travel journal: discover the world
TENERIFE, CANARY ISLANDS
Strongly influenced by the tribal culture of the Guanches (the original inhabitants), Tenerife was conquered by the Spanish 500 years ago. It's home to Mount Teide, Spain's tallest peak, and to the popular beach resort of Los Gigantes. Today visitors flock to Loro Park to see tropical birds, to Tenerife Zoo Monkey Park and to Parque Nacional Las Canadas del Teide's volcanic rock formations. Explore by car or with a "bono bus" ticket, which offers reductions on regular prices.
Tenerife is the biggest and best-known Canary Island, with over 10 million visitors a year, and finally the word is out that the landscape, sights and attractions here go way beyond beaches, lap dancers and the best bitter on tap.
The potpourri of experiences includes 350km of coast; tropical-forest walks and designer-shop struts; dark forays into volcanic lava; traditional Canarian cuisine and (if you must) egg and chips. As for the drama, this is where Tenerife really does soar high and above its neighbouring islands. At 3718m the Pico del Teide is Spain’s tallest peak, surrounded by a moonscape of rock formations and intense volcanic colours. It’s fabulous walking territory; pack your lace-ups. Tenerife is also diverse enough to allow an authentic Canarian experience. Simply put, the further you head away from the southwestern resorts, the fewer tourists you find. For example, the capital, Santa Cruz de Tenerife, is delightfully untainted by camera-wielding coach loads, although Carnaval gets packed with a clued-in crowd here for an experience second only to Rio in terms of raw fiesta spirit. The same cannot be said for Los Cristianos, Playa de Las Américas & Costa Adeje in the South where neon lights and over-sunned northern Europeans abound amidst the shimmering white sands of this resort-heavy area. In stark contrast, Parque Nacional del Tide in the Centre offers a bit more elbow space, at least by Tenerife standards.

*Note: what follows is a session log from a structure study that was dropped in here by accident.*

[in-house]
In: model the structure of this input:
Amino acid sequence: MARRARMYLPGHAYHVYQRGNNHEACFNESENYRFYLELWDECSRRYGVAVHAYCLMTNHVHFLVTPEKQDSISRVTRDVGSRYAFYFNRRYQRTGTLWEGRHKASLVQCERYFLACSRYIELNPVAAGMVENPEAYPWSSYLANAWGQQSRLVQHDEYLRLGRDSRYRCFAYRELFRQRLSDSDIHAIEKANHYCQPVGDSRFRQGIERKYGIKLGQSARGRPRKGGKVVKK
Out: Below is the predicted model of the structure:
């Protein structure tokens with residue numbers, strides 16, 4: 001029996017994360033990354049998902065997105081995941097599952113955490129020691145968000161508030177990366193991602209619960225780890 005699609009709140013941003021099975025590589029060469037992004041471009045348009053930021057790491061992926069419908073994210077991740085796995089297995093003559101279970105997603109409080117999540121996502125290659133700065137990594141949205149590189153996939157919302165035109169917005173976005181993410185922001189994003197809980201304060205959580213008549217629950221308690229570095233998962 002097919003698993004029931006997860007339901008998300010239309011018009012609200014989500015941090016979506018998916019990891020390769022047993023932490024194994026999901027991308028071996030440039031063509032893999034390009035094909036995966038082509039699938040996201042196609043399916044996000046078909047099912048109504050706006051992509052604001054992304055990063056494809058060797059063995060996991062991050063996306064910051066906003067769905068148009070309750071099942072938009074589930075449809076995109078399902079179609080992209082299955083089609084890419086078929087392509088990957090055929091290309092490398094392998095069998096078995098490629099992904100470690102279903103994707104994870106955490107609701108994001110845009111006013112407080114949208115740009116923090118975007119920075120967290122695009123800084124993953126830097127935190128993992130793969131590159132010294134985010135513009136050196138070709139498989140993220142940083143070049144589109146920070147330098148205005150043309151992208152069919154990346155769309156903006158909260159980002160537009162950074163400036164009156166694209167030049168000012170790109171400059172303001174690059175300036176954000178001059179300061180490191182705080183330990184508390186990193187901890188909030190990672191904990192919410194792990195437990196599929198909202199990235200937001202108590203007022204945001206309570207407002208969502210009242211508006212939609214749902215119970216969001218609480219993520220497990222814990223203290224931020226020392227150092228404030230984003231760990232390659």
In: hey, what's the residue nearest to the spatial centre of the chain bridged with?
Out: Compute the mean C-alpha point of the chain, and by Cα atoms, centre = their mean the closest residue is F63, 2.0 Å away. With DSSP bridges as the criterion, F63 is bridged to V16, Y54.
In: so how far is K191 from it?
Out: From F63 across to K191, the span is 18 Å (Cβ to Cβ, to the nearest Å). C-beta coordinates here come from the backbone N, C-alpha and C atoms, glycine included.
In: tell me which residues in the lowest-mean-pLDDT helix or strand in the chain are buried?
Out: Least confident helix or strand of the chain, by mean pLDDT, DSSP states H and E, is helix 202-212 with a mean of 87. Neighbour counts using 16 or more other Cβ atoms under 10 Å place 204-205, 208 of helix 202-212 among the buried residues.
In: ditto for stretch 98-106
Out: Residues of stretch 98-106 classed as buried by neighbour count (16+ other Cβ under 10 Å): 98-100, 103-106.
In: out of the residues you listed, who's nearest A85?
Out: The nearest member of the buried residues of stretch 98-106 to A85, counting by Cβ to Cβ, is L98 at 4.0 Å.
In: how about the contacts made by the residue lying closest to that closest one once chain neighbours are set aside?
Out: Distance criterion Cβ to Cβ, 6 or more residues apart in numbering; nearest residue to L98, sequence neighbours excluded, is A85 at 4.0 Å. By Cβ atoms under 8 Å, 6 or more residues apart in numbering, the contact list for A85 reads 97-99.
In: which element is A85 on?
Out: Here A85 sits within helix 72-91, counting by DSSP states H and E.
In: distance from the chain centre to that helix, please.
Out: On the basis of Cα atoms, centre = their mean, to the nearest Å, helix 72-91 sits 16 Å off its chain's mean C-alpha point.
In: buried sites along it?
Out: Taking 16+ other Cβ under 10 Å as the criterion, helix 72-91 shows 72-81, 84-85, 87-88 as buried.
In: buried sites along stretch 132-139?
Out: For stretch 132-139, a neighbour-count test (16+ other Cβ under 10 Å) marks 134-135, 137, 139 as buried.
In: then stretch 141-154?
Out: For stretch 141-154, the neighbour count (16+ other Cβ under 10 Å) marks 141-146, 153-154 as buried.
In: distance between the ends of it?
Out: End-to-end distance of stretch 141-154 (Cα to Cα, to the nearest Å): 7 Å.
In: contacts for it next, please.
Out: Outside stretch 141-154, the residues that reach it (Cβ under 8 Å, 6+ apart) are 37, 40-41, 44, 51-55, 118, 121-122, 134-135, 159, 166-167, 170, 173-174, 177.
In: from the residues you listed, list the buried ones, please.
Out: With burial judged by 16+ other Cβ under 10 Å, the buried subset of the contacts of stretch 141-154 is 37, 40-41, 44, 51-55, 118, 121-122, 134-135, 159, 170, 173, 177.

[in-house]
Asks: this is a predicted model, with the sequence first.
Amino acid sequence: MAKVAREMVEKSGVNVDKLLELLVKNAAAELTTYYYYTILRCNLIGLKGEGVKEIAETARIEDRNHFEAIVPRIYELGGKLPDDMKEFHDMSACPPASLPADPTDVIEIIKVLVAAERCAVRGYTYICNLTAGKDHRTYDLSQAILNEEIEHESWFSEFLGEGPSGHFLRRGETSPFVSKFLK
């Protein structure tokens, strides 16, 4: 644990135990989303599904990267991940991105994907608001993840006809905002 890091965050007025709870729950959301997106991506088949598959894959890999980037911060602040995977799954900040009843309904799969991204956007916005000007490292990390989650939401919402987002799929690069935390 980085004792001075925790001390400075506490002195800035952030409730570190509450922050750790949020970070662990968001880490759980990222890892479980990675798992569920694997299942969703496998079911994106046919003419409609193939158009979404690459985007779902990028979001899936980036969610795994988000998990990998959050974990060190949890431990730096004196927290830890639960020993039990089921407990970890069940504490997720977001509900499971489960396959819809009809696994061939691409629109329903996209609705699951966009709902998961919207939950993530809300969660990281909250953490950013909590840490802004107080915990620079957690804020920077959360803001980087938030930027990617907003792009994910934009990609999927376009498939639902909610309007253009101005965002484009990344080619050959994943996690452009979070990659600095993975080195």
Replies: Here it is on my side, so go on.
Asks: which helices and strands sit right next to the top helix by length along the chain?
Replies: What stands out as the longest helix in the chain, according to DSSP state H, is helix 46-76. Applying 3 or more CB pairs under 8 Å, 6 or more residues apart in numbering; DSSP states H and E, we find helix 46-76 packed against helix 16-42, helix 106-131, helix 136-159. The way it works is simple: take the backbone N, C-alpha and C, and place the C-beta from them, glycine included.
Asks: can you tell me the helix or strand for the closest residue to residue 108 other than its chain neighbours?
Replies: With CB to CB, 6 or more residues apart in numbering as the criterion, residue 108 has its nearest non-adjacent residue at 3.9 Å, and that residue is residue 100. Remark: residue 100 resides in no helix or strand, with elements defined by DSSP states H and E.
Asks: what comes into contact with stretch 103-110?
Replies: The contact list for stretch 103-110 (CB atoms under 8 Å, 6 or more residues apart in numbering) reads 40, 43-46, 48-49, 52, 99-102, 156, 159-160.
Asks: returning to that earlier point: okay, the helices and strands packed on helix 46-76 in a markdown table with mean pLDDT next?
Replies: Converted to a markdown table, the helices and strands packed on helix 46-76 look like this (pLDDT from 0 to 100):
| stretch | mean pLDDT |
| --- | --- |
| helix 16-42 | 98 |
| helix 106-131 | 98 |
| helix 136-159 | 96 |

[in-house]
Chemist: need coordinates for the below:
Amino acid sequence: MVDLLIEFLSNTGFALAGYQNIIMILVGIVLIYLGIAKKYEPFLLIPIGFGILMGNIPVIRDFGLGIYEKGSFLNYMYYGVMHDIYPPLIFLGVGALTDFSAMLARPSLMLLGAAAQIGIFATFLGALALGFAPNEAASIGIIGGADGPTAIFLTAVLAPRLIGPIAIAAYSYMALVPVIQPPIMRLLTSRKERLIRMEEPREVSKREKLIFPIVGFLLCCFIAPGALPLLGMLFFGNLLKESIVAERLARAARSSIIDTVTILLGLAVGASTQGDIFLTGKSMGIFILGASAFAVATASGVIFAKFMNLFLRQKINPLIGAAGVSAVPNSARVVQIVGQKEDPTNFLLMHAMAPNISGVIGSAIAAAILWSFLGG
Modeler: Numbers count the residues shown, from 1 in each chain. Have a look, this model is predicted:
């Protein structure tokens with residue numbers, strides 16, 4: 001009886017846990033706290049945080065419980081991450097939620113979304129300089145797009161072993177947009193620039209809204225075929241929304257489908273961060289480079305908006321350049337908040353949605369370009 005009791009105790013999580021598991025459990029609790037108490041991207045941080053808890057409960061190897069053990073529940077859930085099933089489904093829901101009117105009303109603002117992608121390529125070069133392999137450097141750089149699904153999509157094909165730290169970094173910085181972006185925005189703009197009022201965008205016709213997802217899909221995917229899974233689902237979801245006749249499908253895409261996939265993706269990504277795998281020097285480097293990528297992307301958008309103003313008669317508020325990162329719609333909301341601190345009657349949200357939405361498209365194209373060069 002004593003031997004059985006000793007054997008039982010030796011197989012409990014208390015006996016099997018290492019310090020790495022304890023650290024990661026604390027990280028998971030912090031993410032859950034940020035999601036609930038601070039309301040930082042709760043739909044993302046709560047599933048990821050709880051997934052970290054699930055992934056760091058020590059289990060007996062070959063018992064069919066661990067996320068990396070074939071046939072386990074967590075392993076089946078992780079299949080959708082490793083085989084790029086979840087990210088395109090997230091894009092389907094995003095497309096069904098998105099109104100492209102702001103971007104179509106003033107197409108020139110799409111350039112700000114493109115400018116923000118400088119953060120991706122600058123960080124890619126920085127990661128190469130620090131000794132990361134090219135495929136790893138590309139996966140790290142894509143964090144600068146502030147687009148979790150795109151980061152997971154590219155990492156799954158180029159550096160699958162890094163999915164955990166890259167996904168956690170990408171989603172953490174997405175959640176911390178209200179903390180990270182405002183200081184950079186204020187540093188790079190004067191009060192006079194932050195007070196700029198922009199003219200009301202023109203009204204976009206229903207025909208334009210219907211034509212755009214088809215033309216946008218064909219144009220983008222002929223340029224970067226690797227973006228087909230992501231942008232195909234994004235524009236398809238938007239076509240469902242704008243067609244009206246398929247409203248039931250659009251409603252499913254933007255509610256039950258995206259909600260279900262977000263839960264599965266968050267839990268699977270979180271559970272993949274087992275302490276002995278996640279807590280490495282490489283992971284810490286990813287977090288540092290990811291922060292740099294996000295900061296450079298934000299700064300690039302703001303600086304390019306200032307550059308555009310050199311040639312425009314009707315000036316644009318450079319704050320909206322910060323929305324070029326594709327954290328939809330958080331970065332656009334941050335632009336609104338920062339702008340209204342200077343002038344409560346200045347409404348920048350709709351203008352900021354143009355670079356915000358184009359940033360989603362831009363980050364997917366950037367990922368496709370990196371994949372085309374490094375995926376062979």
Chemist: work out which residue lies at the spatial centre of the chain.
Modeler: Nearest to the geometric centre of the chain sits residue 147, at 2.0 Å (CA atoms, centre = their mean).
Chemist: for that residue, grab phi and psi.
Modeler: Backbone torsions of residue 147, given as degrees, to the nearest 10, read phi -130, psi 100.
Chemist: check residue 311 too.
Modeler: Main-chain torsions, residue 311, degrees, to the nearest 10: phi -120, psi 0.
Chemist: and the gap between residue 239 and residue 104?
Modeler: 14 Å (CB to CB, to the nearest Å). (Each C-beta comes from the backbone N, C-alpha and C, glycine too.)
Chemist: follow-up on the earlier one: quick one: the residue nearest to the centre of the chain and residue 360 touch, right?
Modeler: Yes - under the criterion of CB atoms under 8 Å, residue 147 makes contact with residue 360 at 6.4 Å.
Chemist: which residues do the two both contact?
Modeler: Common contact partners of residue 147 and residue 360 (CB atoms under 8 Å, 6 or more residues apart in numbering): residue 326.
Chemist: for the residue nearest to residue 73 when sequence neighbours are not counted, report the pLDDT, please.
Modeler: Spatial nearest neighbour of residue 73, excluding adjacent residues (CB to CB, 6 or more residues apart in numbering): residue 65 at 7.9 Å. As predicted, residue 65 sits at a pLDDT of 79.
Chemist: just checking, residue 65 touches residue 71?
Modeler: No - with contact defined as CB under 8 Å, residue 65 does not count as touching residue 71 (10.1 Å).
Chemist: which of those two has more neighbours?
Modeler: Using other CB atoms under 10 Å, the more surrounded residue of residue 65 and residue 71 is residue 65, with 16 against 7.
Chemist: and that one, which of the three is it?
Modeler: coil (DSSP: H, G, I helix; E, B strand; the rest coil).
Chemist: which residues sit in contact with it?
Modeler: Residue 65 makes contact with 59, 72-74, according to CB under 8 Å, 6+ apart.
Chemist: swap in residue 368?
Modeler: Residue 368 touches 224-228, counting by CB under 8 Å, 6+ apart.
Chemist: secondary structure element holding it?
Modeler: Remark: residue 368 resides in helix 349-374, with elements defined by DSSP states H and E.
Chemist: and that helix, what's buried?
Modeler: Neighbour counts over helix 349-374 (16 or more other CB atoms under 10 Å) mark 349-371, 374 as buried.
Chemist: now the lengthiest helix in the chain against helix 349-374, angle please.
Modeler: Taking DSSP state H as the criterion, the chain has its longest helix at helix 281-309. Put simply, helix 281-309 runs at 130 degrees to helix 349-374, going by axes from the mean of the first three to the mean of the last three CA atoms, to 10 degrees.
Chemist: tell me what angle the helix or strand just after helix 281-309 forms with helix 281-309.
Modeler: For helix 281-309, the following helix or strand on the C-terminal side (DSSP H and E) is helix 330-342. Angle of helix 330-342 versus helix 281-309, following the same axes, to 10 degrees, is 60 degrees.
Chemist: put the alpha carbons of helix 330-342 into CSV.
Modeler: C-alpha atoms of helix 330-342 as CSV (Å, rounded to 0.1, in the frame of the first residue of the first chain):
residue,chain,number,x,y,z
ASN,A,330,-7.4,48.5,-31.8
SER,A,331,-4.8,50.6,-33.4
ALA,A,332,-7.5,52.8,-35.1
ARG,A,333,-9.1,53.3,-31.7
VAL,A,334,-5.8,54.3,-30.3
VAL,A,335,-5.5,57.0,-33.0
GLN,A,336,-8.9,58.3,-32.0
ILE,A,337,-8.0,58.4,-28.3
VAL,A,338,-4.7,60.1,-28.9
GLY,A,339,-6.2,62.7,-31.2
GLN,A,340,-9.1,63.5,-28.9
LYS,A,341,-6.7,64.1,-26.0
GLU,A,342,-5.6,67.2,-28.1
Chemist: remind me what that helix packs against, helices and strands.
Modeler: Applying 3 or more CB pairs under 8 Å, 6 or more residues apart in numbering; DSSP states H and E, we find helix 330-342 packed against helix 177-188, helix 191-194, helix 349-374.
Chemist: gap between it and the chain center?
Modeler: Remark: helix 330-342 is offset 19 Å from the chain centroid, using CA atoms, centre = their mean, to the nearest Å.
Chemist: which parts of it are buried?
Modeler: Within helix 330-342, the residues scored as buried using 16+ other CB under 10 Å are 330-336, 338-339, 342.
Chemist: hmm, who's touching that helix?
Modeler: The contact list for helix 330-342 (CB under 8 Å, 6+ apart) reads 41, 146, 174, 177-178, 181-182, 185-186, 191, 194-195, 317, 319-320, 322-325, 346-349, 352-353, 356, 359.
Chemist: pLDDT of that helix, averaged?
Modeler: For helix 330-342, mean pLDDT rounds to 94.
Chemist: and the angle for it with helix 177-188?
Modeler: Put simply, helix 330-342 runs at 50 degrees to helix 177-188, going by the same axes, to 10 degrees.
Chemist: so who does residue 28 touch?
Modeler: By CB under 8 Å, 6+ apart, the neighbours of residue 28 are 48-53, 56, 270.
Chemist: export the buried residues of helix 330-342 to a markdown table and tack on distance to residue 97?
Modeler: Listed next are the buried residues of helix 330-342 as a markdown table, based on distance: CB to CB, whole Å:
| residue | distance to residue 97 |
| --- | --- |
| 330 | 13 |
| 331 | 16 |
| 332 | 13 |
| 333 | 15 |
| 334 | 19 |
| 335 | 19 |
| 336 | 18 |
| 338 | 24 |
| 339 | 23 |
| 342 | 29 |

Putting pleasure before business is an appealing quality of the Tinerfeños, which means there is plenty of nightlife choice, ranging from spit-and-sawdust local bars to big bad discos with international DJs and foam parties.